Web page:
What's it like to be blind? We take to the streets of Wolverhampton to find out
The sounds of footsteps, shoppers rushing by and buskers singing in the street – I could hear it all but I couldn't see a thing.
I had to put all my faith in 17-month-old Labrador retriever cross and trainee guide dog Toffee, who was by my side as I walked blindfolded around Wolverhampton City Centre,
Being plunged into darkness and having to suddenly negotiate the shopping area felt very alien to me and I quickly became disorientated as we began our stroll from Specsavers in the Wulfrun Shopping Centre.
But I needed to stay relaxed to ensure Toffee could do his job with confidence and I soon found I was being nudged away from any obstacles, both moving and stationary.
When the route was clear, he would speed up which made me feel confident that there was nothing in our way as we walked.
He would stop at any steps, kerbs or crossings waiting for my instructions before proceeding forward, responding to many different commands.
Crossing a road with two-way traffic meant listening for the bleeps which signalled it was safe to cross.
When there was no pelican crossing, I had to listen for the sound of traffic to decide if we were okay to carry on and I could give him the command 'forward'.
Guide Dogs can do many things but they do not know when to cross a road – they are trained to wait for a command before crossing but will intervene if their instincts tell them it's unsafe to do so.
I had been nervous knowing that the city centre, especially Dudley Street, is normally heaving with people at that time of day.
Once I got used to him being by my side, I found it easier than I was expecting to trust Toffee to make sure the path ahead was clear. But it was still difficult because I realised we were moving out of the way of people and I kept fearing we would bump into someone.
However we successfully dodged oncoming shoppers, lampposts and A-boards on the street thanks to the help of my canine companion. Even though I know the city centre pretty well when I finished the walk, accompanied by Guide Dogs Mobility Instructor Alan Collier, from Shrewsbury, I realised I had lost all sense of direction as we ended up nowhere near where I thought we were going to be.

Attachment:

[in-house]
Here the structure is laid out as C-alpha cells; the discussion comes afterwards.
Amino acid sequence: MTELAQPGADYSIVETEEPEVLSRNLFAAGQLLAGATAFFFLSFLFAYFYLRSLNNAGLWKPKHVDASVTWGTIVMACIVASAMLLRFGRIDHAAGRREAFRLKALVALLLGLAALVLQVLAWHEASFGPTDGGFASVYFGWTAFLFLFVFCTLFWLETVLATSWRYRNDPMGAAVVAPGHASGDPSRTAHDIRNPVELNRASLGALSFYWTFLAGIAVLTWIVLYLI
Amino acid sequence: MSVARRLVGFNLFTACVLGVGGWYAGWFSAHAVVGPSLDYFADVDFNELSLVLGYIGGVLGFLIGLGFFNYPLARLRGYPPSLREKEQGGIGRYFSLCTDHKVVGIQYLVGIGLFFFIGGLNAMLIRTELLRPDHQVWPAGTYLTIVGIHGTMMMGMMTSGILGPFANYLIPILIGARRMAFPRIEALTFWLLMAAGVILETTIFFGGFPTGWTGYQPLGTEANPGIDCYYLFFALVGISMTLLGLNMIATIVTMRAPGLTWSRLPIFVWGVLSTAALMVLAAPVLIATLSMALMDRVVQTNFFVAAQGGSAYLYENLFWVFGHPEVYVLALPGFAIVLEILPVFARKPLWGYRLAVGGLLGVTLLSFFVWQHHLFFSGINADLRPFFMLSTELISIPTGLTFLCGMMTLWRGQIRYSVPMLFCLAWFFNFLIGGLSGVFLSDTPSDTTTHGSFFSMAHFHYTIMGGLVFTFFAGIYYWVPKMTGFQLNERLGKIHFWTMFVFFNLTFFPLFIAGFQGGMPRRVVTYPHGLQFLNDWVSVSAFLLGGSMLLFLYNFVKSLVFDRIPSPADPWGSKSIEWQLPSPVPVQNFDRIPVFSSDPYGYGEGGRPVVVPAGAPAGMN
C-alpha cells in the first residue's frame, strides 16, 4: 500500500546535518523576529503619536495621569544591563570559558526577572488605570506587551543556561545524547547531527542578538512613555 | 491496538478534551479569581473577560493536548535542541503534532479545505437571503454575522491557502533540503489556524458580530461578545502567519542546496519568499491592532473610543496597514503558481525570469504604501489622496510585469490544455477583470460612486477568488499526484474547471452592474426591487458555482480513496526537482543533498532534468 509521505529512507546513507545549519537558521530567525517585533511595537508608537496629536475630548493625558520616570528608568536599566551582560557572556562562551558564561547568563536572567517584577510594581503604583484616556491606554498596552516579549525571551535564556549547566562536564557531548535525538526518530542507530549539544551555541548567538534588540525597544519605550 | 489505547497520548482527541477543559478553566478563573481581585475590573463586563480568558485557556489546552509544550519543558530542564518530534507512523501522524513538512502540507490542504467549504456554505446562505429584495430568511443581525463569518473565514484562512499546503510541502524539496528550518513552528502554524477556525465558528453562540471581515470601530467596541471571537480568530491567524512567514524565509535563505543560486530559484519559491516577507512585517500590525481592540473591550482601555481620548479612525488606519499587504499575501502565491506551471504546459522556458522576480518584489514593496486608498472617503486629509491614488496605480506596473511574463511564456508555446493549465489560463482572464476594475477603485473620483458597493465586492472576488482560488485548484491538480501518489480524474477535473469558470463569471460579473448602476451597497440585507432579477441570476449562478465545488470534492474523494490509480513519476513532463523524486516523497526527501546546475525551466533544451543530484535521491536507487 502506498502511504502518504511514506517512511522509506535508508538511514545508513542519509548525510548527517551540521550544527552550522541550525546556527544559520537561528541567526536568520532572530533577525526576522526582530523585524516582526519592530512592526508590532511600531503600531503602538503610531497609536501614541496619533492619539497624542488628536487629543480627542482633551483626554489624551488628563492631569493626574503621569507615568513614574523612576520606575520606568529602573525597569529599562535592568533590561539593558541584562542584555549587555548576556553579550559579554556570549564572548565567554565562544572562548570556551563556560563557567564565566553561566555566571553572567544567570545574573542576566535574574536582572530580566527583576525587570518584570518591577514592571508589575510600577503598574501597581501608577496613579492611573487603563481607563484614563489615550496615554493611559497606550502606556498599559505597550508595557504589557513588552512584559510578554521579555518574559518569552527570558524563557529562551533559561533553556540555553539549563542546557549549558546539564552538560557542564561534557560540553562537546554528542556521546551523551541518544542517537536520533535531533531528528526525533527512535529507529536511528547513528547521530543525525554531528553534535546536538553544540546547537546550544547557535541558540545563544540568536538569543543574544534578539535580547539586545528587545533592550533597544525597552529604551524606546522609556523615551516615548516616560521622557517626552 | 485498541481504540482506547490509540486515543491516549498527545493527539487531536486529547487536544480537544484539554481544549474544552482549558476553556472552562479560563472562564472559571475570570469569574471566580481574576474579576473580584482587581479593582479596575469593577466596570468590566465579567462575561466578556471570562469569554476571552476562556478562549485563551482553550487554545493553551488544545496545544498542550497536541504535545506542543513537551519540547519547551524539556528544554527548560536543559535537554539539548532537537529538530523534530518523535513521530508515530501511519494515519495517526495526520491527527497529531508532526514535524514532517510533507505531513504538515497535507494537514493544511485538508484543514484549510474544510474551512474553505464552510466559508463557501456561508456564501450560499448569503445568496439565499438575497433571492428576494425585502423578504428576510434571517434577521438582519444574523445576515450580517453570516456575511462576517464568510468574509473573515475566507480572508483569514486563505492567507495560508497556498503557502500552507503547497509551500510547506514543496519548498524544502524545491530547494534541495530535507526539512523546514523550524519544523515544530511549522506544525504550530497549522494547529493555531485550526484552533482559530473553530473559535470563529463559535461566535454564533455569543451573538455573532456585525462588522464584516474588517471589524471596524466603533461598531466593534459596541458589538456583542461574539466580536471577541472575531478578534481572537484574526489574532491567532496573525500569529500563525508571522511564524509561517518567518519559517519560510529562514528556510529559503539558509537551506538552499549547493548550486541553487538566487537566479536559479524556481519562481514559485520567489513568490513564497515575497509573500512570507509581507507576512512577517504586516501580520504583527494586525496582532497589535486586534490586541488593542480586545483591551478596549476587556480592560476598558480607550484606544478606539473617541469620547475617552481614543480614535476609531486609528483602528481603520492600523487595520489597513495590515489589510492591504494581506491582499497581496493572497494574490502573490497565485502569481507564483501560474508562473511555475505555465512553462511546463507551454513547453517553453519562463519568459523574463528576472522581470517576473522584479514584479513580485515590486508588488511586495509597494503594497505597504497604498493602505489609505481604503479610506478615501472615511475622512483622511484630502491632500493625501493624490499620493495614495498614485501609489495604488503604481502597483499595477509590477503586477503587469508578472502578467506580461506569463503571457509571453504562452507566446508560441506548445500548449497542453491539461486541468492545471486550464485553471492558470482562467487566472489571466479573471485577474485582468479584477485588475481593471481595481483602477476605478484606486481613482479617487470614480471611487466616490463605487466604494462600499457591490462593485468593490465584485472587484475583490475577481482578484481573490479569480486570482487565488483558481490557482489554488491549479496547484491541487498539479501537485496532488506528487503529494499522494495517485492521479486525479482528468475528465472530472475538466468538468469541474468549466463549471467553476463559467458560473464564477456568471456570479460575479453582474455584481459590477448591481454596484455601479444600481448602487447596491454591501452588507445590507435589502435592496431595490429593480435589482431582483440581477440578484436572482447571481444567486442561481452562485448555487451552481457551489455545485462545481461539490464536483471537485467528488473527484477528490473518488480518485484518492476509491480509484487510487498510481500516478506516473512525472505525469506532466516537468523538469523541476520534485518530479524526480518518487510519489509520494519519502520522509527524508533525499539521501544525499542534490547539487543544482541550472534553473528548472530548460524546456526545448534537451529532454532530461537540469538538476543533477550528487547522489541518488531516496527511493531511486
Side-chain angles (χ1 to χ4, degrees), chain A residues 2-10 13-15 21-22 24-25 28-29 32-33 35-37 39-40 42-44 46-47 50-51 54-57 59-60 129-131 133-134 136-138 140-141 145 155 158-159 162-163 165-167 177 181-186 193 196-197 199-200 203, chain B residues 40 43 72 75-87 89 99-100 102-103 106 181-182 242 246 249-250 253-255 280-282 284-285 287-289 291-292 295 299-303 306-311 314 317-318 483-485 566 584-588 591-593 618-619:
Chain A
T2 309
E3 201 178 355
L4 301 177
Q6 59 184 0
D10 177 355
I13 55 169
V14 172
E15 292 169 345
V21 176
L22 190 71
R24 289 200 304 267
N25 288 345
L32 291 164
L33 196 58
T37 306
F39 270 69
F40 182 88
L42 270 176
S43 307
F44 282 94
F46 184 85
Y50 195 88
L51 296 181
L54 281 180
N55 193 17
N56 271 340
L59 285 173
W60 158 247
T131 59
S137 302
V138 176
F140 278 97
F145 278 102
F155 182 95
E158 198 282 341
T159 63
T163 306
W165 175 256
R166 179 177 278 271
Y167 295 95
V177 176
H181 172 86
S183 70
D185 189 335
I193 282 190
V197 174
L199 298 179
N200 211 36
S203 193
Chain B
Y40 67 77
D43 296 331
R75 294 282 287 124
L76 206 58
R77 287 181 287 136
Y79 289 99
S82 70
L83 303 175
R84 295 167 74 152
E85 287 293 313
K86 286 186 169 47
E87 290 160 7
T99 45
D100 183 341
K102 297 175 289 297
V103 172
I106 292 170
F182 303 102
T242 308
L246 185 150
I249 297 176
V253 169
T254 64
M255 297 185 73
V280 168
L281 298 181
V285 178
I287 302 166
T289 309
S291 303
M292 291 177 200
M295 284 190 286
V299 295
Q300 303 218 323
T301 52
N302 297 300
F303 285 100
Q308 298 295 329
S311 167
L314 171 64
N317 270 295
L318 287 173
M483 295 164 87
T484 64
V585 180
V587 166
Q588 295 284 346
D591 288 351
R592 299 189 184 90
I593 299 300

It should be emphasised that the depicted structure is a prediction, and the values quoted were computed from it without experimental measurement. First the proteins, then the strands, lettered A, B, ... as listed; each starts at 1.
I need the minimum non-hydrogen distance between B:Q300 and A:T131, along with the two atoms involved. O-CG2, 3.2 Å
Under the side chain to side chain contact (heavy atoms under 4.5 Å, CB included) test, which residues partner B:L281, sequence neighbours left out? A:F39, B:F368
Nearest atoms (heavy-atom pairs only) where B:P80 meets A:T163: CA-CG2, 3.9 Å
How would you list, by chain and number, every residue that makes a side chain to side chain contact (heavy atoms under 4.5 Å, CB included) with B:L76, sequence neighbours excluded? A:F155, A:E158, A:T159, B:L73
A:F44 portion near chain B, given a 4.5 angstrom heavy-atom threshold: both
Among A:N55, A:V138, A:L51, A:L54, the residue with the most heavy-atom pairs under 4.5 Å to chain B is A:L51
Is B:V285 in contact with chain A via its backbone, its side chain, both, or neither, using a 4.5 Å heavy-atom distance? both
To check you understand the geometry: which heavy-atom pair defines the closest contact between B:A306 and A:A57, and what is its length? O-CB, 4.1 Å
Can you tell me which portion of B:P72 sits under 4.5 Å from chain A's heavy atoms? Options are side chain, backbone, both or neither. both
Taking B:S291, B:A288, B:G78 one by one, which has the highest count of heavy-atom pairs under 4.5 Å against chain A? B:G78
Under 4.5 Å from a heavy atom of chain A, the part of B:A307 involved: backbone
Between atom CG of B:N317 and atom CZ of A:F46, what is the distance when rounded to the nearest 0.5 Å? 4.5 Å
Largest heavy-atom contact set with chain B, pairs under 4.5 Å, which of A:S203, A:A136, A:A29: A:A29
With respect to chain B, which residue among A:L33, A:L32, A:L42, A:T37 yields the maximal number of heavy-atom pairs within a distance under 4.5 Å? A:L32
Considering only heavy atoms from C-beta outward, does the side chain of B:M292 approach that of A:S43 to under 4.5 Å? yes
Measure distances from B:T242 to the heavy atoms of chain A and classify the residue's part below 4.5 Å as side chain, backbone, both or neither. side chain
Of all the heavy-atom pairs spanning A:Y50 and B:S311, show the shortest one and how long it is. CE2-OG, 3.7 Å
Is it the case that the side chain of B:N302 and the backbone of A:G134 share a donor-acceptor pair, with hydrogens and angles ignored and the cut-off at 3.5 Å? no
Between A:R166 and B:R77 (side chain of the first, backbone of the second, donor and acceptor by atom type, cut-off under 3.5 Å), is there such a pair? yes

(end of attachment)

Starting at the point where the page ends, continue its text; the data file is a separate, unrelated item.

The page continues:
I had tried the walk with a full blindfold and with simulation glasses where I had a bit of sight. Many people will not have complete darkness and can experience flashes of light and eye pain.
For me the experience lasted 40 minutes and I was lucky that I could remove the blindfold and see again. I will never truly be able to say that I know what it's like to be blind as I didn't experience everyday rituals such as getting ready to go out, travelling to the city centre and back home again, or any other task we wouldn't think twice about doing.
The streets were relatively quiet – one day later and it would have been market day and I can't imagine having to negotiate the stalls as well as the shoppers.
But it has given me a greater understanding of the challenges going about daily life poses. I also now have a greater appreciation for the work that the Guide Dogs charity does and what Toffee and other dogs like him do to help their human companions.
The charity, which relies purely on charitable donations, breeds all its own dogs. From an early age they are taken out and about by a puppy walker to get used to different sights, smells and sounds before beginning training to become a guide dog at around the age of one.
They are specifically matched to their human partner depending on a number of factors such as their size, speed and character.
Andrea Jones, from Guide Dogs, says: "As well as being a mobility aid and a pair of eyes, a guide dog is a partner. There is a special bond between owner and dog, it's a real partnership."
Having been due an eye test for several years, my blindfold walk also prompted me to have one and as suspected I needed a stronger prescription. Hardip Bahia, optometrist at Specsavers Wolverhampton, says it's important to have regular examinations: "An eye test is a holistic health test and can help detect not only vision issues but also high blood pressure, high cholesterol, tumours, strokes, diabetes, autoimmune disorders and even multiple sclerosis. It is important to regularly attend every two years to ensure any sight issues or health conditions are detected early.
"At the very first sign of symptoms, such as blurred vision, eye pain, flashes of light or sudden onset of floaters in your vision, you should see your optometrist. If detected early enough, depending on the cause, there are treatments that can correct, stop, or at least, slow down the loss of vision."
My experience has certainly taught me not to take my sight for granted – something that many of us are probably guilty of doing each day.
I've also become more aware of the work of guide dogs. So if you see someone with a guide dog please be respectful to both dog and owner, especially if you have your own dog by your side. Appreciate they are working dogs and are trained to do a job because it's a pretty amazing one.
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